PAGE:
Despite 2020 challenges, Washington apple crop still delivers

It's been a challenging year for many agricutural interests across the region. Keeping workers safe with COVID-19, record wildfires this summer, and record wildfire smoke blanketed the whole region for weeks as well. 

"Out in the orchard and in the warehouse it doesn't look like a typical harvest season," says Tori Lynn Adams with the Washington Apple Commission.

She says weather is always a huge concern. And this year's record amount of smoke covering our area did delay the harvest. Luckily, unlike grapes, the flavor our state's biggest agricultural export is not affected by smoke. 

Courtesy: WA Apple Commission

"The biggest issue folks were worried about that," says Adams, "was the impact on color. Apples need sun to color up."  

Apples thrive in the rich volcanic soils in Central Washington's arid climate. Our most productive growing areas are along our major rivers through the middle of the state. The cold winters are exactly what apple trees like to go dormant for part of the year. 

Courtesy: WA Apple Commission

Despite all the difficulties, the 2020 season still produced about 120 million boxes of apples. Apples are a commodity measured in 40 pound boxes -- so that equates to more than 10 billion apples. Each one is hand picked.

The commission estimates about 40,000 jobs are directly related to the apple industry here, with another 21,000 indirect jobs.

"Apple industry not only has the direct impact," says Adams, "but the whole support industry and then getting those apples to market means they have to be trucked to places like the ports on Puget Sound, like Seattle. They're all impacted by the apple industry."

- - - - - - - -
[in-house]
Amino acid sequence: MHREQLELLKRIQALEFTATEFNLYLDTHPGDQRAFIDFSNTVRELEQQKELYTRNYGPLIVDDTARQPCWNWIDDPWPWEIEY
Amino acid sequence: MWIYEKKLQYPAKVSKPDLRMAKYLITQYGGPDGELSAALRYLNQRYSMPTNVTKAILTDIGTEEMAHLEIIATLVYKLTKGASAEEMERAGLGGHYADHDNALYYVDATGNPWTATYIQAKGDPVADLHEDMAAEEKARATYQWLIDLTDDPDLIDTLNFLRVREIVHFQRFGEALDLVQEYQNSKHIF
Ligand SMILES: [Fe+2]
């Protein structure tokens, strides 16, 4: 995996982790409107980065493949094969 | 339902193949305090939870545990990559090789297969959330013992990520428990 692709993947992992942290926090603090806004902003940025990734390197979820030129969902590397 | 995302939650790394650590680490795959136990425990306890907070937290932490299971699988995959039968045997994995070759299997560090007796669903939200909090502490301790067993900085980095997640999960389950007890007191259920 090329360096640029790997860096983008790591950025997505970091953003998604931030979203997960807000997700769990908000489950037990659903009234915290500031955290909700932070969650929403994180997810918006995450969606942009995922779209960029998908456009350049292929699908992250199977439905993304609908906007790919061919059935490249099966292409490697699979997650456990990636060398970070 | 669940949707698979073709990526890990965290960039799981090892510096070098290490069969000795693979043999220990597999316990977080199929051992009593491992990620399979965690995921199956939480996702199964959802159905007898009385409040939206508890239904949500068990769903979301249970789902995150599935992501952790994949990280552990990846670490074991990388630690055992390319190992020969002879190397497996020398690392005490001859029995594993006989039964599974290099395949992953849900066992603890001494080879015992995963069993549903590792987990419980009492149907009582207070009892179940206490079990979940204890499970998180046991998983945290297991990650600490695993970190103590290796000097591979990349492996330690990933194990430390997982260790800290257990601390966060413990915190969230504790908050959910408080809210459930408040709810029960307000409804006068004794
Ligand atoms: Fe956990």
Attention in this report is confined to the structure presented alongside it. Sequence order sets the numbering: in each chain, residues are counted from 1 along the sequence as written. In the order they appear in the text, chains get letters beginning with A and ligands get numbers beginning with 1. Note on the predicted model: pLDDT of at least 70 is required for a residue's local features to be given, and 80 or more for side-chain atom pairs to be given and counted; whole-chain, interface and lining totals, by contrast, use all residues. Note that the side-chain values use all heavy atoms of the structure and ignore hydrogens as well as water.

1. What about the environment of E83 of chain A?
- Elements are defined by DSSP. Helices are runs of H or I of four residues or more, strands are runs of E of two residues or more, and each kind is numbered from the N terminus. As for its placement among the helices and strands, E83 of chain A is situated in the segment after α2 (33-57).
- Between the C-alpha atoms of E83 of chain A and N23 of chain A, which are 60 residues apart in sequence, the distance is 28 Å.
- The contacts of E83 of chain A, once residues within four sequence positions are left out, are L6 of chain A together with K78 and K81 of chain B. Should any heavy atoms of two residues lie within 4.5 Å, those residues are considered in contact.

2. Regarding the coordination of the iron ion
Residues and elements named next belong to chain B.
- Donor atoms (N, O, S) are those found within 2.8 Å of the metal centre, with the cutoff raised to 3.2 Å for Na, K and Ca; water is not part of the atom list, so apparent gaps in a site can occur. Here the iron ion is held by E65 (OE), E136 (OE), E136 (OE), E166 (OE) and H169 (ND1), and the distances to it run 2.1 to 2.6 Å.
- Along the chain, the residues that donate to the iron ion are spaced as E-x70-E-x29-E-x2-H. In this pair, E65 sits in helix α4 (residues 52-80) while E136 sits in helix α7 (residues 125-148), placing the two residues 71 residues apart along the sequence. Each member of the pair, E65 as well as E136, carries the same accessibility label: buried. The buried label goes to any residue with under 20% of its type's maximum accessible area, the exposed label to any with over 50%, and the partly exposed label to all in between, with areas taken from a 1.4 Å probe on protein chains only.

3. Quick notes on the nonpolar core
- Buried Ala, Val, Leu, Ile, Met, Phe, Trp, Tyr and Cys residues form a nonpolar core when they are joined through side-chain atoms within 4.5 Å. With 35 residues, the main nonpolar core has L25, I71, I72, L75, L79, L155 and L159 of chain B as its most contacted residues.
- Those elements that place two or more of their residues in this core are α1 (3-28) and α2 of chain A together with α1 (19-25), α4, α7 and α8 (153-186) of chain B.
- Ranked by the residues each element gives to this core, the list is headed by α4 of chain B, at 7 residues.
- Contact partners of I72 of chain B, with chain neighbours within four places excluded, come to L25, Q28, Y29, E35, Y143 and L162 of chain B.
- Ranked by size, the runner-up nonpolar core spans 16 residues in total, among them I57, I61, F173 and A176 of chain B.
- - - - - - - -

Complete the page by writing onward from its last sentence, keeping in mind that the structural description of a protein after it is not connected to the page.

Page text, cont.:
The Washington Apple Commission says that equates to about $3 billion for our state's economy. Washington state grows 65% of the whole U.S. supply of apples. While red delicious apples are the biggest variety of apple we grow here, the brand new variety launched last year is gaining ground. 

Best pie chart ever. Courtesy: WA Apple Commission

Last year was the first commerical harvest of the Cosmic Crisp, known for the tiny widely spaced white spots that the developers at WSU thought resembled stars. While this is the first year, Adams says this variety has been in the work for about 20 years. And ramping up production on a successful variety takes a lot of time. 

RELATED: Move over, Honeycrisp: Washington-bred apple to debut at grocery stores

"The supply was really low," says Adams. "And trees take a couple years to produce more on the tree." 

Courtesy: WA Apple Commission

The 2019 Cosmic Crisp yield was expectedly small - less than one percent of our overall production - only about 100 thousand of the 40 pound boxes last year. This year, more trees are coming into production, and that amount is expected to be about 1.2 million boxes. That's an increase of 19 times over. 

The official harvest numbers come in from the Washington State Tree Fruit Commission next month.